Top 15 Myths That Contribute to Child Trafficking
“Our lives begin to end the day we become silent about things that matter.”
― Dr. Martin Luther King Jr.
Widespread belief in these damaging myths contributes to a culture where sex trafficking thrives: A culture of silence that questions the validity of a victim’s claim, blames the victim, and minimizes the responsibility of the perpetrator. It has been shown that myth acceptance amongst jury members influences the outcome of judicial proceedings, making it more likely that the trafficker will be found not guilty. One of the most important things we can do is to challenge these myths when we hear them. Only by offering a voice of dissent can we begin to dismantle these damaging beliefs and eliminate child trafficking.
Myth 1: Child trafficking does not happen in the United States or must involve some form of travel, transportation, or movement across state or national borders.
Truth: Child Trafficking includes movement within a country, whether by force or not, with the purpose of exploiting the child. It happens all across the United States in both large cities and rural areas.
Myth 2: Child trafficking must include elements of physical force, restraint, bondage, and/or violence. If someone did not want to be trafficked, he or she would leave the situation.
Truth: When trafficking involves a minor under 18, the child is a victim with or without force being involved. Children’s brains are biologically vulnerable and prone to impulsive risk-taking. Emotional manipulation, threats, a perceived lack of options, and fear of legal retribution all factor into why it is not easy for a minor to simply leave a trafficking situation.
Myth 3: Child trafficking victims will seek help as soon as they have the opportunity. Any person can resist if they really want to. If a victim doesn’t physically fight back, you can’t really say that it was forced.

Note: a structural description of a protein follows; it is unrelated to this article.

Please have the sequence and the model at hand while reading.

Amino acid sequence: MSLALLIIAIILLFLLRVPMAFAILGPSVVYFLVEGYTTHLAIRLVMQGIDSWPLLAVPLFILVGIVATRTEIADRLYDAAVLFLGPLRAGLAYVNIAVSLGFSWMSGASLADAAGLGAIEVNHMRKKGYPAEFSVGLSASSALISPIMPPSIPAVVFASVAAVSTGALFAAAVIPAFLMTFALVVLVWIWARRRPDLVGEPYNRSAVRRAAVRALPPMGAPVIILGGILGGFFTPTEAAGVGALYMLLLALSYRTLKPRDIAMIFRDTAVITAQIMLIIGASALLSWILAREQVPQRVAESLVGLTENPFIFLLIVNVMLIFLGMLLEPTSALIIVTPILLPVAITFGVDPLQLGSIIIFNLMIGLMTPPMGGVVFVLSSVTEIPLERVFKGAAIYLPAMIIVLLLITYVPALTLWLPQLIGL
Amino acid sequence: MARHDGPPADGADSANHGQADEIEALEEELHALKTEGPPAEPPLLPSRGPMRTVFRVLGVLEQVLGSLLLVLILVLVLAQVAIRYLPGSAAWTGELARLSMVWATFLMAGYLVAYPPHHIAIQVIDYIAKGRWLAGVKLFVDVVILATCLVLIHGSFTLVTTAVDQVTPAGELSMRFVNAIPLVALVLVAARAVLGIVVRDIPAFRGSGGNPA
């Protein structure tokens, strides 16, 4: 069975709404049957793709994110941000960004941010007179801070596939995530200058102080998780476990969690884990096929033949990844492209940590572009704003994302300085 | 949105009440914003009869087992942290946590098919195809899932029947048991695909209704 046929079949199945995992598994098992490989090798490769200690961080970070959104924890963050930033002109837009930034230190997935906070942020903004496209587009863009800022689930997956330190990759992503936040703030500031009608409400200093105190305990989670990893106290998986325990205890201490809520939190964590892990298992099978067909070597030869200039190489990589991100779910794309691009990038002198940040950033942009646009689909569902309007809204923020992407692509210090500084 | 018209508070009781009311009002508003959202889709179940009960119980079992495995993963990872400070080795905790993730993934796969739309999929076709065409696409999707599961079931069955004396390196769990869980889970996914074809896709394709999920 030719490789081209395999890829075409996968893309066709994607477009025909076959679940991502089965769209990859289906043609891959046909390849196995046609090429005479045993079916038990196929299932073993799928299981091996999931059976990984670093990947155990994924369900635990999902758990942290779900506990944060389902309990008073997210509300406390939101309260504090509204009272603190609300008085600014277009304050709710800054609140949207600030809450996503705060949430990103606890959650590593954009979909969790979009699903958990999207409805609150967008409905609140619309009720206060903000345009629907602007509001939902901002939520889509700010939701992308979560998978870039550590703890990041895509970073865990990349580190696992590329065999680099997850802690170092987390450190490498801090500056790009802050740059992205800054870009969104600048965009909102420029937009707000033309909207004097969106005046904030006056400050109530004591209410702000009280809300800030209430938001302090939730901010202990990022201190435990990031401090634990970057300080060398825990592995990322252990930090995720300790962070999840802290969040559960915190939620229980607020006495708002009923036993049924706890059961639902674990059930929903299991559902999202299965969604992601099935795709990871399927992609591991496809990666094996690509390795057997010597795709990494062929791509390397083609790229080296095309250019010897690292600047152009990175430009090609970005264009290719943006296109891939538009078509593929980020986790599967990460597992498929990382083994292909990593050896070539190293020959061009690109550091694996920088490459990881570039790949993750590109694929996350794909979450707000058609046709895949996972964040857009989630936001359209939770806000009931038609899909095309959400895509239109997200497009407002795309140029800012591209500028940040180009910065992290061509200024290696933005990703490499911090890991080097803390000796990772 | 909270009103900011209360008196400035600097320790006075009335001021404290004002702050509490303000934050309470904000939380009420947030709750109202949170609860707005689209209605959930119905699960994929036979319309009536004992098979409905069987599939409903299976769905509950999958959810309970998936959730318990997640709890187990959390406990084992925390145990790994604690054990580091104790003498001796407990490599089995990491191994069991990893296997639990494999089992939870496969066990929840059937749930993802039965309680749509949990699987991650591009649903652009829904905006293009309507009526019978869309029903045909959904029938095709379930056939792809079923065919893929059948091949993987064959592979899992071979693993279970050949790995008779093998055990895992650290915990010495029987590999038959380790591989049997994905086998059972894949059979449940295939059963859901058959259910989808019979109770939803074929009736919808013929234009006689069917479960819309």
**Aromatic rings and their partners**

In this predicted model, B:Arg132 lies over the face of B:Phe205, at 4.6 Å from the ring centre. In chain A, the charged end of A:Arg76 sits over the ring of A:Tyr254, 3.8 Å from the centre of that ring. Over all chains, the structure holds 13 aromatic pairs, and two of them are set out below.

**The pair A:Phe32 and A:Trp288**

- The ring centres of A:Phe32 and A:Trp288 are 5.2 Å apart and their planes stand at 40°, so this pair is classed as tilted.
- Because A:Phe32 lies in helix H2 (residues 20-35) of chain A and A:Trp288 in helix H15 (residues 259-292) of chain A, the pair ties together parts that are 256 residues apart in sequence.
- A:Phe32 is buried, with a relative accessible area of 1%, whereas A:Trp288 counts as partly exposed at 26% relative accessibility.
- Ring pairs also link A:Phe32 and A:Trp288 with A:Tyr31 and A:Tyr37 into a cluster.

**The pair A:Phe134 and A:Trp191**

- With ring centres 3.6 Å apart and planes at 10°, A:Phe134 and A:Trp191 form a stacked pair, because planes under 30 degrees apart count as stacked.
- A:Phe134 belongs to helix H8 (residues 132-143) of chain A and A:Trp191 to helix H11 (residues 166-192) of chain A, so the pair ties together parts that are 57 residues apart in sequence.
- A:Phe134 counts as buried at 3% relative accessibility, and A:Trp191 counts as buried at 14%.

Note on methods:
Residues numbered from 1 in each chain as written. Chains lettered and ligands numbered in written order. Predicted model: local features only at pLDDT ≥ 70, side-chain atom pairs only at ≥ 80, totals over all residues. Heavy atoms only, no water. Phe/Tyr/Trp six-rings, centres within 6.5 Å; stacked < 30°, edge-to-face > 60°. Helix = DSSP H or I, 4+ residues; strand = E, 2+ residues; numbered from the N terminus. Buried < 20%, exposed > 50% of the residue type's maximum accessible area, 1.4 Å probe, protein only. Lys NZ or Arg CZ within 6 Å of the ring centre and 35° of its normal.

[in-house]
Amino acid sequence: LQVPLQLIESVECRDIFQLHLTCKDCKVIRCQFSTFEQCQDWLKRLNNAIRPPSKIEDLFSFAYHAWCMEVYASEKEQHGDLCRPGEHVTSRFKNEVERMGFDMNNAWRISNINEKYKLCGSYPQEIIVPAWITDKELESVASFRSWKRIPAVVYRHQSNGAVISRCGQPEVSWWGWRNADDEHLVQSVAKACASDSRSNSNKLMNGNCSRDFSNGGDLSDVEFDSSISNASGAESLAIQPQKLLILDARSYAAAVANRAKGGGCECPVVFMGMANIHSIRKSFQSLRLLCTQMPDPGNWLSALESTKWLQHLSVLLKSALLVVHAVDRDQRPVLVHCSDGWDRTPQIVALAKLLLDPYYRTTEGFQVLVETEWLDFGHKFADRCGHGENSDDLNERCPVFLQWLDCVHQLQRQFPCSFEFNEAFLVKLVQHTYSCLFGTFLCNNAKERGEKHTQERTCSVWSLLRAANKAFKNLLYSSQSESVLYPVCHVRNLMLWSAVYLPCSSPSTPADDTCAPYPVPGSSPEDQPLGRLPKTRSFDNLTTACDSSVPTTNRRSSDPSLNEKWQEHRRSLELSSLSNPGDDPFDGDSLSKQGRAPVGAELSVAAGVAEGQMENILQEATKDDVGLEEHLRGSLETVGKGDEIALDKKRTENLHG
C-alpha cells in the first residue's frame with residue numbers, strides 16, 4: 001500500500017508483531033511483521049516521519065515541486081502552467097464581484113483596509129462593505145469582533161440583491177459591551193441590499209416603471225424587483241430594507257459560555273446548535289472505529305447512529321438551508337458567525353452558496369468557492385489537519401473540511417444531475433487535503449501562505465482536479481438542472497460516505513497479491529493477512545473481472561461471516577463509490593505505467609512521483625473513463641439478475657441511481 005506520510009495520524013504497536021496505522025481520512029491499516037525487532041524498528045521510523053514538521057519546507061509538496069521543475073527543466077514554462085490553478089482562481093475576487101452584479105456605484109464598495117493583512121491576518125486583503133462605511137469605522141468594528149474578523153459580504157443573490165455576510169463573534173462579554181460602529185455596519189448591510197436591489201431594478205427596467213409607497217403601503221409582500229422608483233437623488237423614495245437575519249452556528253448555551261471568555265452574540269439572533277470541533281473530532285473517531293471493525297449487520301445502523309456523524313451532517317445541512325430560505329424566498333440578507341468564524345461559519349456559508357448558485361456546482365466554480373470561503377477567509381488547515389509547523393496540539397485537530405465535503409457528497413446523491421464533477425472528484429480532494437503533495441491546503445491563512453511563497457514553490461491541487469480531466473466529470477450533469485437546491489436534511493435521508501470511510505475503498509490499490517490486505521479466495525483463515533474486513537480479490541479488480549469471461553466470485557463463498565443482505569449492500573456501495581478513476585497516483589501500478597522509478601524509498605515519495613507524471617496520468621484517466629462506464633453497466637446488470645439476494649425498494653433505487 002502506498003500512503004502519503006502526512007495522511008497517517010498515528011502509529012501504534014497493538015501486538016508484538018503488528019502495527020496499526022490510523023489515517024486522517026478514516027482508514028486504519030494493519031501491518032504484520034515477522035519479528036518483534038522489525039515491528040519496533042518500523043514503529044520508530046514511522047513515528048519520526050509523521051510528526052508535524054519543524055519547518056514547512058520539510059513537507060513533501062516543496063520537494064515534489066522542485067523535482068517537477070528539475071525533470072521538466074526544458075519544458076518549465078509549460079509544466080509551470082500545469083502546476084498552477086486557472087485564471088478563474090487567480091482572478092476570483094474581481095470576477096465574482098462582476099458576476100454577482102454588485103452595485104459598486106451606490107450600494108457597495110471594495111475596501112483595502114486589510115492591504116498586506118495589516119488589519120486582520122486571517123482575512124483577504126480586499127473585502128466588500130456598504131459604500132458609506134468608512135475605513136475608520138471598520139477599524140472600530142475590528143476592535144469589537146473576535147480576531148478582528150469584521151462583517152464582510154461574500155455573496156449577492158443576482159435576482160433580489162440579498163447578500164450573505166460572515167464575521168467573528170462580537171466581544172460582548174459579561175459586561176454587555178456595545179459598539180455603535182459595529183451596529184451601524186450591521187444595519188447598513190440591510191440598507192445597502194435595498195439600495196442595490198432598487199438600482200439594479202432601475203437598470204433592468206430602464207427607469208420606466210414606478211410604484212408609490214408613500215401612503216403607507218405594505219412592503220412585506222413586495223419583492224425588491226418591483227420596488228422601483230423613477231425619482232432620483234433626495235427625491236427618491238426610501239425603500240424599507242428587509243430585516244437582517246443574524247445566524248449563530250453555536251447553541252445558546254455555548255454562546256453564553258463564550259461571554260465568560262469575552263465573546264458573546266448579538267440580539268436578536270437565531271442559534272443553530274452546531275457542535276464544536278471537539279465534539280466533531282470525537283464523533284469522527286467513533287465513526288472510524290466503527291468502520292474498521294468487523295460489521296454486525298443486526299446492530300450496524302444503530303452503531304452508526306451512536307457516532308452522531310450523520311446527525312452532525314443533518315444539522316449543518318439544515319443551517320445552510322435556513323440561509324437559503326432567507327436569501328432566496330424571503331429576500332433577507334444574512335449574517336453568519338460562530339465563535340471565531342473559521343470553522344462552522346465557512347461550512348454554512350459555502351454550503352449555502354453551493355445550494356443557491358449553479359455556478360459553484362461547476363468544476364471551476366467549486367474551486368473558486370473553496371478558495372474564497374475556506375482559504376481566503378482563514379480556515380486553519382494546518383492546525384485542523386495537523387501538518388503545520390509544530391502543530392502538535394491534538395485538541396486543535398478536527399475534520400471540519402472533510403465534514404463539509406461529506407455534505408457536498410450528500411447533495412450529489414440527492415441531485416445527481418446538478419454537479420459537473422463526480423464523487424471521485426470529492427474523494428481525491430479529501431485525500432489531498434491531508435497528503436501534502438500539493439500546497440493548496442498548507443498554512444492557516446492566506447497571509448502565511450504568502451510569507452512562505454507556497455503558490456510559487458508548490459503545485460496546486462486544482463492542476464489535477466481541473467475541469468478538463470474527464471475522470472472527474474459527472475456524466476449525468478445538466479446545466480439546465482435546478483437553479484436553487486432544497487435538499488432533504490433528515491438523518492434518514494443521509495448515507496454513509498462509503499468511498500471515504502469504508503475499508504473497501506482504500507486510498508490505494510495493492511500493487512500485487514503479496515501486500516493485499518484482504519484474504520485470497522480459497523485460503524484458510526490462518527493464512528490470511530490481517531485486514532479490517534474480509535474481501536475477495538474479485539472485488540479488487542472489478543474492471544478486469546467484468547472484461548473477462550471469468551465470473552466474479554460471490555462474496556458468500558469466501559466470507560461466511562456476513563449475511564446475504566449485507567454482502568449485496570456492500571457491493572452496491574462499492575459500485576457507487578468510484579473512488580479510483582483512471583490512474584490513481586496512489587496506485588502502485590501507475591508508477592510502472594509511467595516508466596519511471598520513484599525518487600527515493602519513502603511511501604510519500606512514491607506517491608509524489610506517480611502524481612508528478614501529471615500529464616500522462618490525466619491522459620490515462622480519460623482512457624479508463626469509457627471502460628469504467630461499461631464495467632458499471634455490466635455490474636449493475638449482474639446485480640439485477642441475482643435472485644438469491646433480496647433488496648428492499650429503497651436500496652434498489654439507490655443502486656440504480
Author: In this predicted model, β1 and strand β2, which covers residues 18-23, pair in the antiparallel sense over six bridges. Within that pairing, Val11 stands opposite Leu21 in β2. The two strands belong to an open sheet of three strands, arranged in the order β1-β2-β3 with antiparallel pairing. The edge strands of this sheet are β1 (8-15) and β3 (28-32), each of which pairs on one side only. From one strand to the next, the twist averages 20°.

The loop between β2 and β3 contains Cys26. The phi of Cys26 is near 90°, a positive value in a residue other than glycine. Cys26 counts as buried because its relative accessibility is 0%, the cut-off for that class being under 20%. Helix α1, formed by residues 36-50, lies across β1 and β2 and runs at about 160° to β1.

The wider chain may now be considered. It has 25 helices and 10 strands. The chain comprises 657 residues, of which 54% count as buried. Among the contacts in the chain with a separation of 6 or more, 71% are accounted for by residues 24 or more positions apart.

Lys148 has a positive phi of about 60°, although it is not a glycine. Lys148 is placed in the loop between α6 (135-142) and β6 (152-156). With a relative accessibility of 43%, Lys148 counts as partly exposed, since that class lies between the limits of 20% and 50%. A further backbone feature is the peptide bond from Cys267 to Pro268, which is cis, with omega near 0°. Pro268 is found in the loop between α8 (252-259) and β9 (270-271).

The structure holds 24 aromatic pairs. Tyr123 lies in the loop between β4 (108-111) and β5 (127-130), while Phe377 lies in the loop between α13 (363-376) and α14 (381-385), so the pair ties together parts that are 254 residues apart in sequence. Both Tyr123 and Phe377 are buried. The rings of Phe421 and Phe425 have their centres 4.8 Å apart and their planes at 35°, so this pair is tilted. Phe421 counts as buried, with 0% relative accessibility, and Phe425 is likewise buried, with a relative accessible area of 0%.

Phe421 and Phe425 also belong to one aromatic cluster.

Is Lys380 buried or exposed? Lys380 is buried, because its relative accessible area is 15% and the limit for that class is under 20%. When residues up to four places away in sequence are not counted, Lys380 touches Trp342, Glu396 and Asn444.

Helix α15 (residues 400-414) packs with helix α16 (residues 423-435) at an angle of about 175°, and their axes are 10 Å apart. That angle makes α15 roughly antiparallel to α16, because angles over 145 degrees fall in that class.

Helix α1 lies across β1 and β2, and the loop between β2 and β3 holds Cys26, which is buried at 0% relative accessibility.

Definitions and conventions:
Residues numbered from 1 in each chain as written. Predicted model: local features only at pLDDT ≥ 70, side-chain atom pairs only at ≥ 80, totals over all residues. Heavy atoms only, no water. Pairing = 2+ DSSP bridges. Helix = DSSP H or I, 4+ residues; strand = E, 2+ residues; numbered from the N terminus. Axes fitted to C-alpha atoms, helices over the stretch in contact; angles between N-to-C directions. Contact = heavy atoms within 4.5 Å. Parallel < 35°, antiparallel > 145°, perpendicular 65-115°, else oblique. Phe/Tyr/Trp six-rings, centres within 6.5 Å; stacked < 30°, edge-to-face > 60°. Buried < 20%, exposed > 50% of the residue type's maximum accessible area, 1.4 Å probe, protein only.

Truth: Victims are often controlled to the point that they do not have regular safe access to a phone or computer. They are often subject to physical and emotional abuse designed to prevent them from seeking help.
Myth 4: Child trafficking is always controlled by males involved with organized crime. “Normal” appearing, well-educated, middle-class people are not trafficked or traffickers. A person who looks “normal” and acts “normal” simply cannot be predator.
Truth: Traffickers can be males or females, with or without organized crime networks. They can appear “normal”, charming and well-connected.
Myth 5: Traffickers are always strangers.
Truth: While some traffickers may be strangers to the victim, they can also be family members or “friends”. Many that start out as a stranger work to build trust and become either a romantic partner or “friend” to the victim.
Myth 6: If a child has sex with an adult in exchange for money, food, or shelter, he or she is not a victim. The child is a criminal or prostitute.
Truth: Minors involved in sex trafficking are not prostitutes or criminals. They are victims who have been manipulated into the situation or forced into the situation due to desperate circumstances.